Elliptic Curve Diffie-Hellman (ECDH) is a key exchange algorithm used in public key cryptography to allow two parties to establish a shared secret over an insecure communication channel.

ECDH works by each party generating a pair of public and private keys using elliptic curve cryptography. The public keys are exchanged, and each party combines the other party’s public key with its own private key to generate a shared secret that can be used for encryption and decryption of messages.

The security of ECDH is based on the computational difficulty of solving the discrete logarithm problem on elliptic curves. The strength of the algorithm depends on the size and choice of the elliptic curve, as well as the key size used for encryption.

ECDH is widely used in various applications, including secure messaging, virtual private networks, and digital signatures, among others.

Key establishment protocol

The following example illustrates how a shared key is established. Suppose Alice wants to establish a shared key with Bob, but the only channel available for them may be eavesdropped by a third party. Initially, the domain parameters (that is, in the prime case or in the binary case) must be agreed upon. Also, each party must have a key pair suitable for elliptic curve cryptography, consisting of a private key (a randomly selected integer in the interval ) and a public key represented by a point (where , that is, the result of adding  to itself  times). Let Alice’s key pair be and Bob’s key pair be . Each party must know the other party’s public key prior to execution of the protocol.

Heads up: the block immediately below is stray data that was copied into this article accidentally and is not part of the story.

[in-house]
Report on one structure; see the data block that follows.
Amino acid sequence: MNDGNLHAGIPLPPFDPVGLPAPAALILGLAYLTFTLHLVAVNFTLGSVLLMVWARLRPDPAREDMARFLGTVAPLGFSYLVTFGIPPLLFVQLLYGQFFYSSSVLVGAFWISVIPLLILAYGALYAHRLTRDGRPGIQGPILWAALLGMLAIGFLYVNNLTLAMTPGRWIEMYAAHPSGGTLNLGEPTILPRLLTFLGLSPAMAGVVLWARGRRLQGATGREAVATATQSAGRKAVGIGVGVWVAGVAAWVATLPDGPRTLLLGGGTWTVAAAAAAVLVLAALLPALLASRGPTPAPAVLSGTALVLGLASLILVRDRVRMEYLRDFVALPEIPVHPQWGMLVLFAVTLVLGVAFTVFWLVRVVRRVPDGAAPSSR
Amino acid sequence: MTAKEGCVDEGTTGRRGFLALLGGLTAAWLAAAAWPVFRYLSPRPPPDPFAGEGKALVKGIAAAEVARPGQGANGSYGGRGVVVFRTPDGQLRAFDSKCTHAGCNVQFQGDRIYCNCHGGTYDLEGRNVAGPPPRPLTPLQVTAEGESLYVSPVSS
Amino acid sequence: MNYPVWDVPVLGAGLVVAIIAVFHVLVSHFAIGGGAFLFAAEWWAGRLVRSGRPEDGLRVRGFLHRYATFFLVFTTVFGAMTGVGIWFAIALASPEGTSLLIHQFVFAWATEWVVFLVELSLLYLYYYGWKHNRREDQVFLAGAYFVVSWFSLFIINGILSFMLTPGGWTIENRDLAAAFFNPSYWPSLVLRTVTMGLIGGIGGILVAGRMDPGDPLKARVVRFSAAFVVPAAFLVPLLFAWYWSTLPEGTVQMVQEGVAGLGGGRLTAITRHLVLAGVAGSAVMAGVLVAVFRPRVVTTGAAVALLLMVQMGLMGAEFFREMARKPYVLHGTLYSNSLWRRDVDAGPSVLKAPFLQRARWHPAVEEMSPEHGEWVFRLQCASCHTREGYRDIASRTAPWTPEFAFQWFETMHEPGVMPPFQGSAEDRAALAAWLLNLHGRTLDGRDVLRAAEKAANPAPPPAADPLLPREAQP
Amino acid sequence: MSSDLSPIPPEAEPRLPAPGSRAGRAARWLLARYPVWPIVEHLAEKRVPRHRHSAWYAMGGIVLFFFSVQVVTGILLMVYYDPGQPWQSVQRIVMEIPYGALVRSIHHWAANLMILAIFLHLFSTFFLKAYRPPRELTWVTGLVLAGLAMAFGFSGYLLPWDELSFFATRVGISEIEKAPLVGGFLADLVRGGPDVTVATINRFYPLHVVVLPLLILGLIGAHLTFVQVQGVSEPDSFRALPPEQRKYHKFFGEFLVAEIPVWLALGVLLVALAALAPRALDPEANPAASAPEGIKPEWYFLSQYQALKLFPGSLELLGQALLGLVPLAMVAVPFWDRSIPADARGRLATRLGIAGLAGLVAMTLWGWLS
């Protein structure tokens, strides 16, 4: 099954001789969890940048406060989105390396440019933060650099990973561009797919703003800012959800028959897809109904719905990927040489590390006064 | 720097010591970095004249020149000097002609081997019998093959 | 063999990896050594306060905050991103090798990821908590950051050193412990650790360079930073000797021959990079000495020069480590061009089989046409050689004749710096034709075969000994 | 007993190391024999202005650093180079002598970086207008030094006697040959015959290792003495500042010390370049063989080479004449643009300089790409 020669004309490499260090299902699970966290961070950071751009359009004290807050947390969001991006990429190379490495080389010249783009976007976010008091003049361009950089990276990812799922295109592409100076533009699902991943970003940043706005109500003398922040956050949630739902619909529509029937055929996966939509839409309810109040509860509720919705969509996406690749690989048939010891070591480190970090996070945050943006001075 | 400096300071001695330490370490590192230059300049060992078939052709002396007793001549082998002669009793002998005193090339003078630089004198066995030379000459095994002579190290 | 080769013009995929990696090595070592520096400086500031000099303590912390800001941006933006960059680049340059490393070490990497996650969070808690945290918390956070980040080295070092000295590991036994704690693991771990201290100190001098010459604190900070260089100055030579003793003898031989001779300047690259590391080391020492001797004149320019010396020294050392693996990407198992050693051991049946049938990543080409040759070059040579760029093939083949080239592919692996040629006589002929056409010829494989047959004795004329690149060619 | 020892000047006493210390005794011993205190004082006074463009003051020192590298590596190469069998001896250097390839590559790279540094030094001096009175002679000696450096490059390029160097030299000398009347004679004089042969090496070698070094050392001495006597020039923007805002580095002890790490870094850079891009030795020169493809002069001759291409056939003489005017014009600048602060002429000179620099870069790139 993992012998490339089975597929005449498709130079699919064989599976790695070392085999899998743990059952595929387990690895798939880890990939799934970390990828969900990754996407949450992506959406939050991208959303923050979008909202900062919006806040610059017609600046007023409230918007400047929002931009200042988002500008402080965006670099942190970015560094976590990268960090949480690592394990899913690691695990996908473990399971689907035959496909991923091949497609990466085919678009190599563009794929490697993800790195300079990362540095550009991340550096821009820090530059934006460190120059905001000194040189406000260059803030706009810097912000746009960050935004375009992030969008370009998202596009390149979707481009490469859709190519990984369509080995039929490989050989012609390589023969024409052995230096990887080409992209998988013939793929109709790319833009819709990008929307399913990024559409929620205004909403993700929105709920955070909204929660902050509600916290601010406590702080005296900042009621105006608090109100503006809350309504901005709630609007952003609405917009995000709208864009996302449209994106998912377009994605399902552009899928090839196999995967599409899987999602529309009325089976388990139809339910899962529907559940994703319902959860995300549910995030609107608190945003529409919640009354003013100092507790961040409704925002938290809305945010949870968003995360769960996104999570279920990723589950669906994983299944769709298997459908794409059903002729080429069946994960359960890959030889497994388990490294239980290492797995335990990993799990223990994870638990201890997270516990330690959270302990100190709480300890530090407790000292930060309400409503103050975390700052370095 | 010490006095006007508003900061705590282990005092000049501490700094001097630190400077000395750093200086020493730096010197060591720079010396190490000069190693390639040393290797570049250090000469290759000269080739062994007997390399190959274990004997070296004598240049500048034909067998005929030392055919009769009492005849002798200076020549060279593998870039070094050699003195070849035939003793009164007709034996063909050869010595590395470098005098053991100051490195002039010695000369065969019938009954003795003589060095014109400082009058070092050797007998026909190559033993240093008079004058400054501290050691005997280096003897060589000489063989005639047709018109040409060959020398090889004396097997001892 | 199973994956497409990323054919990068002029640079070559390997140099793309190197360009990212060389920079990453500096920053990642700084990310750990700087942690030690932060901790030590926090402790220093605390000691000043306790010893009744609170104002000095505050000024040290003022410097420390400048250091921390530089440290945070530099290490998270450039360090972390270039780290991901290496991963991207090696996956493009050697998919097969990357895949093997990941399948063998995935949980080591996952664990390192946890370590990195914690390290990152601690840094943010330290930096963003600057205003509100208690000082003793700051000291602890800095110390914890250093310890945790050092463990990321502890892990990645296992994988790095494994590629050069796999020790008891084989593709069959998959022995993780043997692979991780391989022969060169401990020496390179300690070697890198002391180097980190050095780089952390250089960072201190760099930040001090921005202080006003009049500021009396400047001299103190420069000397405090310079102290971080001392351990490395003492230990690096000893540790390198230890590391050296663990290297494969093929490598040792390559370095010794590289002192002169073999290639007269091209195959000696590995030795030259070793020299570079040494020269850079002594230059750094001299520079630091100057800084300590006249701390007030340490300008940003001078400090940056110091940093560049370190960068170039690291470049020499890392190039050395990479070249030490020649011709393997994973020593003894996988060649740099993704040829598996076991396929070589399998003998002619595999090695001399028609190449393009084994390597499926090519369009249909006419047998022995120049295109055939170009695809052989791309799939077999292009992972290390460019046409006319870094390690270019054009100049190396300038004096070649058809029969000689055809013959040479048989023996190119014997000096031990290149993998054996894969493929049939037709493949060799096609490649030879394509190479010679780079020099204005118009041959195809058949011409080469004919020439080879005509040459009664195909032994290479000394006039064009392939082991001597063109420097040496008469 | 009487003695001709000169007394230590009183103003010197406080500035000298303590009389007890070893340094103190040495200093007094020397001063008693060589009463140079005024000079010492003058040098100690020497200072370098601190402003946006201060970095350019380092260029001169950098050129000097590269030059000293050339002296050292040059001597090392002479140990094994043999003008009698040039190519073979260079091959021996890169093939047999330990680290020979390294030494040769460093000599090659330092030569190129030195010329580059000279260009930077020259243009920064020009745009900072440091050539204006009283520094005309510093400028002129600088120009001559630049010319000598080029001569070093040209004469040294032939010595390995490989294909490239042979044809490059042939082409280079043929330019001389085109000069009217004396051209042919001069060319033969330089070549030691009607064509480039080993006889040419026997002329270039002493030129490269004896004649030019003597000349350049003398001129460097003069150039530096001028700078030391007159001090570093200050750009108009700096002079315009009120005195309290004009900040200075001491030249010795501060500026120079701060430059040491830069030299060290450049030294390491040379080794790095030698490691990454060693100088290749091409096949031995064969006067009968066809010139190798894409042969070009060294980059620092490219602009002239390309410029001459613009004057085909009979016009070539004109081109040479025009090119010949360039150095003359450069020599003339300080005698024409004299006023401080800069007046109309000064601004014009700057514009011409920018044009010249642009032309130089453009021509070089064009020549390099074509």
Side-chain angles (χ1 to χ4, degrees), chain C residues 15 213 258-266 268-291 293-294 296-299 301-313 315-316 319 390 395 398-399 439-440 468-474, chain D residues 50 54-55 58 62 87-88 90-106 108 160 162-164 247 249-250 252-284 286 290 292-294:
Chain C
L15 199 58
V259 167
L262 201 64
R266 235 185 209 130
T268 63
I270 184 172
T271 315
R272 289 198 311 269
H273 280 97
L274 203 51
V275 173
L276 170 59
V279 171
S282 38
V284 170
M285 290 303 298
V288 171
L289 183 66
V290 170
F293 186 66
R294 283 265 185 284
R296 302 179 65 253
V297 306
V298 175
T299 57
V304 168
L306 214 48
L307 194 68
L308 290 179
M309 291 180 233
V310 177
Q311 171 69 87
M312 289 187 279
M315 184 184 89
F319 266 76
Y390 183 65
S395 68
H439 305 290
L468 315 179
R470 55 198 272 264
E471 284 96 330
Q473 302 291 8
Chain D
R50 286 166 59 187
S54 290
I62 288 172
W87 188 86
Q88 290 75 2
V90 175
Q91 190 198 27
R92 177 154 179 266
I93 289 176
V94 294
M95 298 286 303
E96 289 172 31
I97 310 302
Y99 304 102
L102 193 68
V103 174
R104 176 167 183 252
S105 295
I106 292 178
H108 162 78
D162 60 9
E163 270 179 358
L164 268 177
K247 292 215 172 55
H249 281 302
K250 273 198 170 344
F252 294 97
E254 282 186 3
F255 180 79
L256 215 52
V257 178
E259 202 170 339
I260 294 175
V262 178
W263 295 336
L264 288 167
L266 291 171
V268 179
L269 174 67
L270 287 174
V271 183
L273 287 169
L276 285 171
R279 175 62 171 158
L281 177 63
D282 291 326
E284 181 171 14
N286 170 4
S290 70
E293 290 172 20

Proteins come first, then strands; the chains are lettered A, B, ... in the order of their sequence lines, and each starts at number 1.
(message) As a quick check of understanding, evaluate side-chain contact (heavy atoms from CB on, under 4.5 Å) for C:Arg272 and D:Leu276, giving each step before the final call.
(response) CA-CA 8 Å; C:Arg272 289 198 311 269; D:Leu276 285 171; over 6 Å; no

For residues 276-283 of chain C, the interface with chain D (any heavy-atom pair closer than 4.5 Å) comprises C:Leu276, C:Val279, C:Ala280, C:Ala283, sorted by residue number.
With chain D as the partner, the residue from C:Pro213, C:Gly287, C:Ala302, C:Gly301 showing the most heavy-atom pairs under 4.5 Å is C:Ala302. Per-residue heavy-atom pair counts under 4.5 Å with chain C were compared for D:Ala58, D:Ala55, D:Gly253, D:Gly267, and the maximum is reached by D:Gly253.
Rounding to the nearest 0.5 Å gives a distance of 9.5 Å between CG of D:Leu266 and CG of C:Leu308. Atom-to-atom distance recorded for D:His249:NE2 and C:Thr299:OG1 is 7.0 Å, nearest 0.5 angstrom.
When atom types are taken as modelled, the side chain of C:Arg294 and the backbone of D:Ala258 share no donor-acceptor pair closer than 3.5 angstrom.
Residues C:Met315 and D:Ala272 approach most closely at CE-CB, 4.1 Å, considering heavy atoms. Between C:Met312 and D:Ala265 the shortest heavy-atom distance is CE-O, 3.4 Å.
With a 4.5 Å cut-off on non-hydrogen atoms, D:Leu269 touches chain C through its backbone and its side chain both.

Alice computes point . Bob computes point . The shared secret is  (the x coordinate of the point). Most standardized protocols based on ECDH derive a symmetric key from  using some hash-based key derivation function.

The shared secret calculated by both parties is equal, because .

The only information about her key that Alice initially exposes is her public key. So, no party except Alice can determine Alice’s private key (Alice of course knows it by having selected it), unless that party can solve the elliptic curve discrete logarithm problem. Bob’s private key is similarly secure. No party other than Alice or Bob can compute the shared secret, unless that party can solve the elliptic curve Diffie–Hellman problem.

The public keys are either static (and trusted, say via a certificate) or ephemeral (also known as ECDHE, where final ‘E’ stands for “ephemeral”). Ephemeral keys are temporary and not necessarily authenticated, so if authentication is desired, authenticity assurances must be obtained by other means. Authentication is necessary to avoid man-in-the-middle attacks. If one of either Alice’s or Bob’s public keys is static, then man-in-the-middle attacks are thwarted. Static public keys provide neither forward secrecy nor key-compromise impersonation resilience, among other advanced security properties. Holders of static private keys should validate the other public key, and should apply a secure key derivation function to the raw Diffie–Hellman shared secret to avoid leaking information about the static private key.

If Alice maliciously chooses invalid curve points for her key and Bob does not validate that Alice’s points are part of the selected group, she can collect enough residues of Bob’s key to derive his private key. Several TLS libraries were found to be vulnerable to this attack.

The shared secret is uniformly distributed on a subset of of size . For this reason, the secret should not be used directly as a symmetric key, but it can be used as entropy for a key derivation function.


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